Git Cheat Sheet

Git Cheat Sheet

In this post, we are discussing Git Cheat Sheet or cheat code or shortcuts which can be really useful in day-to-day life or for interview preparation. Git commands are divided as follows.


1. Git configuration

Git config:

Get and set configuration variables that control all facets of how Git looks and operates.

Set the name:

$ git config –global “User name”

Set the email:

$ git config –global “”

Set the default editor:

$ git config –global core.editor Vim

Check the setting:

$ git config -list

Git alias

Set up an alias for each command:

$ git config –global checkout

$ git config –global branch

$ git config –global commit

$ git config –global status

2. Starting a project

Git init

Create a local repository:

$ git init

Git clone

Make a local copy of the server repository.

$ git clone

3. Local changes

Git add

Add a file to staging (Index) area:

$ git add Filename

Add all files of a repo to staging (Index) area:

$ git add*

Git commit

Record or snapshots the file permanently in the version history with a message.

$ git commit -m ” Commit Message”

4. Track changes

Git diff

Track the changes that have not been staged: $ git diff

Track the changes that have staged but not committed:

$ git diff –staged

Track the changes after committing a file:

$ git diff HEAD

Track the changes between two commits:

$ git diff Git Diff Branches:

$ git diff < branch 2>

Git status

Display the state of the working directory and the staging area.

$ git status

Git show Shows objects:

$ git show

5. Commit History

Git log

Display the most recent commits and the status of the head:

$ git log

Display the output as one commit per line:

$ git log -oneline

Displays the files that have been modified:

$ git log -stat

Display the modified files with location:

$ git log -p

Git blame

Display the modification on each line of a file:

$ git blame <file name>

6. Ignoring files


Specify intentionally untracked files that Git should ignore. Create .gitignore:

$ touch .gitignore List the ignored files:

$ git ls-files -i –exclude-standard

7. Branching

Git branch Create branch:

$ git branch List Branch:

$ git branch –list Delete a Branch:

$ git branch -d Delete a remote Branch:

$ git push origin -delete Rename Branch:

$ git branch -m

Git checkout

Switch between branches in a repository.

Switch to a particular branch:

$ git checkout

Create a new branch and switch to it:

$ git checkout -b Checkout a Remote branch:

$ git checkout

Git stash

Switch branches without committing the current branch. Stash current work:

$ git stash

Saving stashes with a message:

$ git stash save “”

Check the stored stashes:

$ git stash list

Re-apply the changes that you just stashed:

$ git stash apply

Track the stashes and their changes:

$ git stash show

Re-apply the previous commits:

$ git stash pop

Delete a most recent stash from the queue:

$ git stash drop

Delete all the available stashes at once:

$ git stash clear

Stash work on a separate branch:

$ git stash branch

Git cherry pic

Apply the changes introduced by some existing commit:

$ git cherry-pick

8. Merging

Git merge

Merge the branches

$ git merge

Merge the specified commit to currently active branch:

$ git merge

Git rebase:

Apply a sequence of commits from distinct branches into a final commit.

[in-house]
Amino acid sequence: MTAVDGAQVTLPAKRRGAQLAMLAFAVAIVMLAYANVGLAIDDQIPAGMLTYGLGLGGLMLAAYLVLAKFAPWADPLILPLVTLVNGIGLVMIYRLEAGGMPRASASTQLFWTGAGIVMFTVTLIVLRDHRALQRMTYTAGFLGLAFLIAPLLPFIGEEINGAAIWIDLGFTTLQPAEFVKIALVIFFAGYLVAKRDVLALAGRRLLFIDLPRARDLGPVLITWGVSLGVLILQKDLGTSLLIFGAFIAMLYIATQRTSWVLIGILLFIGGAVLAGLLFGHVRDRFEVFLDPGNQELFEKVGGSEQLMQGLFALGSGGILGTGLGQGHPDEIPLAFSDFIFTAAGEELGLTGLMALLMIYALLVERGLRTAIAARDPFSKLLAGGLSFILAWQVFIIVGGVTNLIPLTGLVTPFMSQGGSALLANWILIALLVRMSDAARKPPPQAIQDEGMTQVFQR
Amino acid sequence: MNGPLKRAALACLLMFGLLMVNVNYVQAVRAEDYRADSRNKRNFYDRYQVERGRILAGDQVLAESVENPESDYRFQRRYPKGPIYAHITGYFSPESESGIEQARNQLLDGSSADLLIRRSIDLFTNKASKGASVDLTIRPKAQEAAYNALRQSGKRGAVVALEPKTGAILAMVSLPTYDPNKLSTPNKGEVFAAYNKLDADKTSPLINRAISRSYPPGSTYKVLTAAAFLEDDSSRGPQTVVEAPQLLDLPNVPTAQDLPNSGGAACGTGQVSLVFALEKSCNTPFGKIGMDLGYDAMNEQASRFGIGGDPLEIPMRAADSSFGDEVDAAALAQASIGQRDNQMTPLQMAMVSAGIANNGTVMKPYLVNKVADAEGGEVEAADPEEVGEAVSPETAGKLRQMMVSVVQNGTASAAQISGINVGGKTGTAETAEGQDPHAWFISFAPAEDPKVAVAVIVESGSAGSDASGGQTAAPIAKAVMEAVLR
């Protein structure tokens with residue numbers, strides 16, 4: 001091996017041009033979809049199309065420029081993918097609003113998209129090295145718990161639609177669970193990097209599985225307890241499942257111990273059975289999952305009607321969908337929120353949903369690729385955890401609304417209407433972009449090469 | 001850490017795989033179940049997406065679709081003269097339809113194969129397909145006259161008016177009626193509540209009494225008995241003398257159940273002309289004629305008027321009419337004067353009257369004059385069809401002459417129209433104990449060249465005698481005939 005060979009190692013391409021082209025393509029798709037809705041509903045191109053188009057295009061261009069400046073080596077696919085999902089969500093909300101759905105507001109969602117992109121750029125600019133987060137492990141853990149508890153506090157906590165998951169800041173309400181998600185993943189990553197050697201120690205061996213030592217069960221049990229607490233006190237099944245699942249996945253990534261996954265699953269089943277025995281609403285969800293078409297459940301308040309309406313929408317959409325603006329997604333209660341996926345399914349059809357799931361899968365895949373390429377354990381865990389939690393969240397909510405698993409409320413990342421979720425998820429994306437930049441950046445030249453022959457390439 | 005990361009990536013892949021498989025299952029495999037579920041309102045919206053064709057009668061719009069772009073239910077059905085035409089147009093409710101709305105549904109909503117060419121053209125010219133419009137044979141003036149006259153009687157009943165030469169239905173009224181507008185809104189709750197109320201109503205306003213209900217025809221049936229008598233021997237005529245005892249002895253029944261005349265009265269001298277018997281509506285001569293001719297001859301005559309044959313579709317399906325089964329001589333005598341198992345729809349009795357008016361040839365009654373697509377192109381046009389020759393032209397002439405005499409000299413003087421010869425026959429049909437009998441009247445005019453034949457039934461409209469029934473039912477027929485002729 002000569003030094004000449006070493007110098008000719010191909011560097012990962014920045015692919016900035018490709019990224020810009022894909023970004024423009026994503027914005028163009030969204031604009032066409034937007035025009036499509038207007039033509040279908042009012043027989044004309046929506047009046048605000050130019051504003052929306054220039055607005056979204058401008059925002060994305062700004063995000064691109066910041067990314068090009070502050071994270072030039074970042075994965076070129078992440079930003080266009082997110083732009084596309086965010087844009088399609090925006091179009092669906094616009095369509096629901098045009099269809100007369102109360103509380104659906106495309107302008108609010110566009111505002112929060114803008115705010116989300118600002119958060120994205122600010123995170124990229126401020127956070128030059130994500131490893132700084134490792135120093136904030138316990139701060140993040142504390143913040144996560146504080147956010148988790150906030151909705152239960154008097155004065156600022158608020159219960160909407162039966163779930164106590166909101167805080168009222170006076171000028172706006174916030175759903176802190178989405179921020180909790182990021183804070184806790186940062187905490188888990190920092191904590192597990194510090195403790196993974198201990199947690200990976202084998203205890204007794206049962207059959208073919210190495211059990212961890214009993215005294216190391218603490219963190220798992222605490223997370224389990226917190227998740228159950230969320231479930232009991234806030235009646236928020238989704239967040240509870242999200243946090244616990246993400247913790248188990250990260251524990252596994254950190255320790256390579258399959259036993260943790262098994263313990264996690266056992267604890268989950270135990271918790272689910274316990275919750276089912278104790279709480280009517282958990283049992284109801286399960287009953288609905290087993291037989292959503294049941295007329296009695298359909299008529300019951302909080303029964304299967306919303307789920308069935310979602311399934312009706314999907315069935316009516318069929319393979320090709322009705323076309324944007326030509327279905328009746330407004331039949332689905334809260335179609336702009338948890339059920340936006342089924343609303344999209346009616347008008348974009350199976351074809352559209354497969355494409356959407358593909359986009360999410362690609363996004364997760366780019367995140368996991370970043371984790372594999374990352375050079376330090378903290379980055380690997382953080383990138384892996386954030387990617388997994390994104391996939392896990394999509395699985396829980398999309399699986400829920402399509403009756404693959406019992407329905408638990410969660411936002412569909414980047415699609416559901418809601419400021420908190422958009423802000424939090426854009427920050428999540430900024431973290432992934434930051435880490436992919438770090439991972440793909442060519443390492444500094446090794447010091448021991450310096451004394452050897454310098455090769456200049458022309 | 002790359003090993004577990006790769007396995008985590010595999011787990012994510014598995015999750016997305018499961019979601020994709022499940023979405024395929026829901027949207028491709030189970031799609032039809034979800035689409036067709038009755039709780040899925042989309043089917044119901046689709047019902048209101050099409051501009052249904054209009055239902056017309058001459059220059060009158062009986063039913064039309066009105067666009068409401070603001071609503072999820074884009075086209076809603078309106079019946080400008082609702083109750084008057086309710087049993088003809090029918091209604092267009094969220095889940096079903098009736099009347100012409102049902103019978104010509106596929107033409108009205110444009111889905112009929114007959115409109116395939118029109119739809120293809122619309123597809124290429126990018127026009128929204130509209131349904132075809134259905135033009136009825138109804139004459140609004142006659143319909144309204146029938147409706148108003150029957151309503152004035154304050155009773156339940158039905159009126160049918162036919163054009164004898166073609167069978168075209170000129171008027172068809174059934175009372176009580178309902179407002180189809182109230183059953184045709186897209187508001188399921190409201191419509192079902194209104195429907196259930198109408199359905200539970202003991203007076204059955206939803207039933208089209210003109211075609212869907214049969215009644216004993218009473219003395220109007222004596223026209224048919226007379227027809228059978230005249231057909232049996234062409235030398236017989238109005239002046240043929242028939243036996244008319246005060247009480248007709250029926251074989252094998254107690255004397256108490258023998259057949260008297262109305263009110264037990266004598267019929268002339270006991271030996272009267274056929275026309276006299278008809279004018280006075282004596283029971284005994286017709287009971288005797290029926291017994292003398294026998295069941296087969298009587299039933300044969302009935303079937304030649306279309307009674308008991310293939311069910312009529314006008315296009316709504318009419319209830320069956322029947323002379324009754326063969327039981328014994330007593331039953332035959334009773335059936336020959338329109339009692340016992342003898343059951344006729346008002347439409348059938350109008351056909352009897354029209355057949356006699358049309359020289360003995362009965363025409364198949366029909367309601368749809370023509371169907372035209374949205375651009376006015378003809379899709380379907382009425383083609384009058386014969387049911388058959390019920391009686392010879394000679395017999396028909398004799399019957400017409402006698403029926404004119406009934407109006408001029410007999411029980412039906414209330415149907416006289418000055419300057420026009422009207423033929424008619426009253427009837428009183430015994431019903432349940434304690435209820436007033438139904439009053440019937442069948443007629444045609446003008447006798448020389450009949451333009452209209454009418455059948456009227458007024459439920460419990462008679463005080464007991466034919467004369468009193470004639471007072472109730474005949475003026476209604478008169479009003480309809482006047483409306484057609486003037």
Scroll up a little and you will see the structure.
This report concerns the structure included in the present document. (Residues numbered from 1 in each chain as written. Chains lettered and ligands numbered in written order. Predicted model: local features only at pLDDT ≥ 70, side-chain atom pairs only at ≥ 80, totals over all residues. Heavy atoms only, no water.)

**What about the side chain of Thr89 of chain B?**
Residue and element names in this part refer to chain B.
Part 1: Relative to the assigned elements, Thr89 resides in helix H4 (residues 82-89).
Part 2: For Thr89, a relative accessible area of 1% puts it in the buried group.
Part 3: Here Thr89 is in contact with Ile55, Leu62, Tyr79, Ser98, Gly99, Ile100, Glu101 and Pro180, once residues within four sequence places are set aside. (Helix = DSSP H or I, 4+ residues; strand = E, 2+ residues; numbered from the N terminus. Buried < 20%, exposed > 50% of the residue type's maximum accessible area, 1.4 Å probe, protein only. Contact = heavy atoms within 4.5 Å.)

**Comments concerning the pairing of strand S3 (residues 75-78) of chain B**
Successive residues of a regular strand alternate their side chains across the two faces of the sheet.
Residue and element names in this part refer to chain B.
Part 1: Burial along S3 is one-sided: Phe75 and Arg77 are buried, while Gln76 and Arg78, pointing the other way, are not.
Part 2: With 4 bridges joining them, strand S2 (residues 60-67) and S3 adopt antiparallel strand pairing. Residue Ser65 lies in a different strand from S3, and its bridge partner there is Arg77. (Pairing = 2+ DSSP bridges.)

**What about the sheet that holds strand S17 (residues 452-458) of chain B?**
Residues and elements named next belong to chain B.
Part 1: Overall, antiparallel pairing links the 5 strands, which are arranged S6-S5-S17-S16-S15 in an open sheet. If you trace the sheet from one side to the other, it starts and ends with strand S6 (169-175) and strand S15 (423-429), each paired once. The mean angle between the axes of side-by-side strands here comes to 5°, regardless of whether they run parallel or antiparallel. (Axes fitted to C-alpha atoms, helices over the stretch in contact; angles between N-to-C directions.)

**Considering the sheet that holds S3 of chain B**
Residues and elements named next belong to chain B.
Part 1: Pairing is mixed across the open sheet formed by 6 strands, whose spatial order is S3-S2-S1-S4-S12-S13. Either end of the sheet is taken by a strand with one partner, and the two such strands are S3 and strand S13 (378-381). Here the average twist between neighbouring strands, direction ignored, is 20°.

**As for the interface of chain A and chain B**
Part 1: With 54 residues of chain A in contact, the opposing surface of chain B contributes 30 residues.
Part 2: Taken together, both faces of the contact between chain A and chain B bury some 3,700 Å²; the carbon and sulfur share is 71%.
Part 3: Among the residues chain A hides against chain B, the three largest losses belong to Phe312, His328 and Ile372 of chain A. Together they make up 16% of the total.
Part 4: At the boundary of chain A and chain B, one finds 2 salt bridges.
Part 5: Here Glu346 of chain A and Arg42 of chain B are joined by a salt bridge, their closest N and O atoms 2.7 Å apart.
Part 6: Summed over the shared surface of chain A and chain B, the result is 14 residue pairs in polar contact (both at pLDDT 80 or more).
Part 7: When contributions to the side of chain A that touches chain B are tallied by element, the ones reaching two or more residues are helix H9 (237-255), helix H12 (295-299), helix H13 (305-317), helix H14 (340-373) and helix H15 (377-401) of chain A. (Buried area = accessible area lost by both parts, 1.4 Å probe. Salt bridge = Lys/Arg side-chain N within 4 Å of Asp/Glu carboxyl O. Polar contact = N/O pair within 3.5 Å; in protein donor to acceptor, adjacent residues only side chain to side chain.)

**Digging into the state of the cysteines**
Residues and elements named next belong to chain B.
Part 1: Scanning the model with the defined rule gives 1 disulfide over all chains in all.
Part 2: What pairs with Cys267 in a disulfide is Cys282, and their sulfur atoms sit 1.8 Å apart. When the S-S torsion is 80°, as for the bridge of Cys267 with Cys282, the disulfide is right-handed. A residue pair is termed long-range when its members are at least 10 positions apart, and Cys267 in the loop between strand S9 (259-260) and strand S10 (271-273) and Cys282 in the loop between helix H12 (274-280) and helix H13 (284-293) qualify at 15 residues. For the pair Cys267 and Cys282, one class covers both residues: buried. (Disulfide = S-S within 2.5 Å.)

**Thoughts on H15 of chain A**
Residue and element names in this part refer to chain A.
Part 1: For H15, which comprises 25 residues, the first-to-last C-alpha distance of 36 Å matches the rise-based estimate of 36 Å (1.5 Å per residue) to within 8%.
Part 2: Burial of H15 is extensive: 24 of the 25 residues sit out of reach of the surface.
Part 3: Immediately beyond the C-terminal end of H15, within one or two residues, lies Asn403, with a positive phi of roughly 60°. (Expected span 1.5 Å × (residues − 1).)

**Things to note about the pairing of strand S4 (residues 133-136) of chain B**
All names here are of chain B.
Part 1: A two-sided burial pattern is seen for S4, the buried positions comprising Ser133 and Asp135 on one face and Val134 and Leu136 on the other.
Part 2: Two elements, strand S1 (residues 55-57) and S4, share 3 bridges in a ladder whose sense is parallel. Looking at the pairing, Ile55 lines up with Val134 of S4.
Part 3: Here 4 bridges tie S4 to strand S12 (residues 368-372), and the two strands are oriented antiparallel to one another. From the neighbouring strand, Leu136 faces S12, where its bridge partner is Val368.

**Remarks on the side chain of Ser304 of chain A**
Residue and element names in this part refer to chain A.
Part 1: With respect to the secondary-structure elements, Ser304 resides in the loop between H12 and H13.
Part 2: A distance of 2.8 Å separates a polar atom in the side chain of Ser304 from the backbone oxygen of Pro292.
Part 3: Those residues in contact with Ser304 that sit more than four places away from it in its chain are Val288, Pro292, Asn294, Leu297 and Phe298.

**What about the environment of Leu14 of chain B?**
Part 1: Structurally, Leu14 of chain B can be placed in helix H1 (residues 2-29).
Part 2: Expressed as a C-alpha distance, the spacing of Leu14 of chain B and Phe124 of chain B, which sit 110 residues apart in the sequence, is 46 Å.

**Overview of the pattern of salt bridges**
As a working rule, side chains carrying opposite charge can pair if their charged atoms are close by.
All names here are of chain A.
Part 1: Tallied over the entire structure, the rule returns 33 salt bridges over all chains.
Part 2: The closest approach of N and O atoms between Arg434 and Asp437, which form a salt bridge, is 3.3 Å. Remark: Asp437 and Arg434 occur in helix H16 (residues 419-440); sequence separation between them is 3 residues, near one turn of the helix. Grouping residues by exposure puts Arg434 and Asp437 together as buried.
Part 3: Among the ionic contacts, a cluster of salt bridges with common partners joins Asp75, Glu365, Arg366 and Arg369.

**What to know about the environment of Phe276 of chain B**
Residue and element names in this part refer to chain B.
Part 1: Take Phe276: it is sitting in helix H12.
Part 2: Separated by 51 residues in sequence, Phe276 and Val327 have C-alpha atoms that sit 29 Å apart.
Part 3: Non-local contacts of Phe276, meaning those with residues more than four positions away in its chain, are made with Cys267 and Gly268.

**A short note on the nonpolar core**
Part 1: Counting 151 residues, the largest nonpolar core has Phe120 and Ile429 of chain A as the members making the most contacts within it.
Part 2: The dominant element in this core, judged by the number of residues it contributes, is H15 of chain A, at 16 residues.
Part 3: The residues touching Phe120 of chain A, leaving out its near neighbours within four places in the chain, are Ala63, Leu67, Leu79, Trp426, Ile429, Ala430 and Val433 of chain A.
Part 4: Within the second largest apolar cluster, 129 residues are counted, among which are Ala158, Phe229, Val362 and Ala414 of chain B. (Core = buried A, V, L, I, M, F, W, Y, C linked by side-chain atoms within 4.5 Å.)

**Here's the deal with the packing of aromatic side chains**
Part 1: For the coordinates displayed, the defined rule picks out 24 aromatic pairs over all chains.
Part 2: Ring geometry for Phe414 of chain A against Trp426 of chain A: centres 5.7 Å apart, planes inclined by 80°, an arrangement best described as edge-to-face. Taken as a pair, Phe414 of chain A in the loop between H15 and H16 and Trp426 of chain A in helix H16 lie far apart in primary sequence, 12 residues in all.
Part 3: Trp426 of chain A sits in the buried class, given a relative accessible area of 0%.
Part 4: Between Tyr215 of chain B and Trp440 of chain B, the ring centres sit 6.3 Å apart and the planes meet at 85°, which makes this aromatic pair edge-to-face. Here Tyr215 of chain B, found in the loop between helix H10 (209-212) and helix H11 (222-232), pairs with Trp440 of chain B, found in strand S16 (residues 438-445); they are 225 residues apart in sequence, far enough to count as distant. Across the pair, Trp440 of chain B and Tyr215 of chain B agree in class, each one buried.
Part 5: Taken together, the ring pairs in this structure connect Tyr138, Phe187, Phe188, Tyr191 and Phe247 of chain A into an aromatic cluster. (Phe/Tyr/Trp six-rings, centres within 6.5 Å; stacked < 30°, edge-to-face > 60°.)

$ git rebase

Continue the rebasing process:

$ git rebase -continue Abort the rebasing process:

$ git rebase –skip

Git interactive rebase

Allow various operations like edit, rewrite, reorder, and more on existing commits.

$ git rebase -i

9. Remote

Git remote

Check the configuration of the remote server:

$ git remote -v

Add a remote for the repository:

$ git remote add Fetch the data from the remote server:

$ git fetch

Remove a remote connection from the repository:

$ git remote rm

Rename remote server:

$ git remote rename

Show additional information about a particular remote:

$ git remote show

Change remote:

$ git remote set-url

Git origin master

Push data to the remote server:

$ git push origin master Pull data from remote server:

$ git pull origin master

10. Pushing Updates

Git push

Transfer the commits from your local repository to a remote server. Push data to the remote server:

$ git push origin master Force push data:

$ git push -f

Delete a remote branch by push command:

$ git push origin -delete edited

11. Pulling updates

Git pull

Pull the data from the server:

$ git pull origin master

Pull a remote branch:

$ git pull

Git fetch:

Download branches and tags from one or more repositories. Fetch the remote repository:

$ git fetch< repository Url> Fetch a specific branch:

$ git fetch

Fetch all the branches simultaneously:

$ git fetch -all

Synchronize the local repository:

$ git fetch origin

12. Undo changes

Git revert

Undo the changes:

$ git revert

Revert a particular commit:

$ git revert

Git reset

Reset the changes:

$ git reset -hard

$ git reset -soft:

$ git reset –mixed

13. Removing files

Git rm

Remove the files from the working tree and from the index:

$ git rm <file Name>

Remove files from the Git But keep the files in your local repository:

$ git rm –cached

This Git Cheat Sheet can be used when you have less time for preparation or revision. For more Git Related post click here.

This is all for Git Cheat Sheet.

Happy Reading !!

  1. Git init Command
  2. Git add Command
  3. Git Commit Command
  4. Git Clone Command
  5. Git Config Command
  6. Git Alias Command
  7. Git Checkout Command
  8. Git Pull Command
  9. Git Push Command
  10. Git Fetch Command
  11. Git Status Command
  12. Git Revert Command
  13. Git Remove (rm) Command
  14. Git LOG Command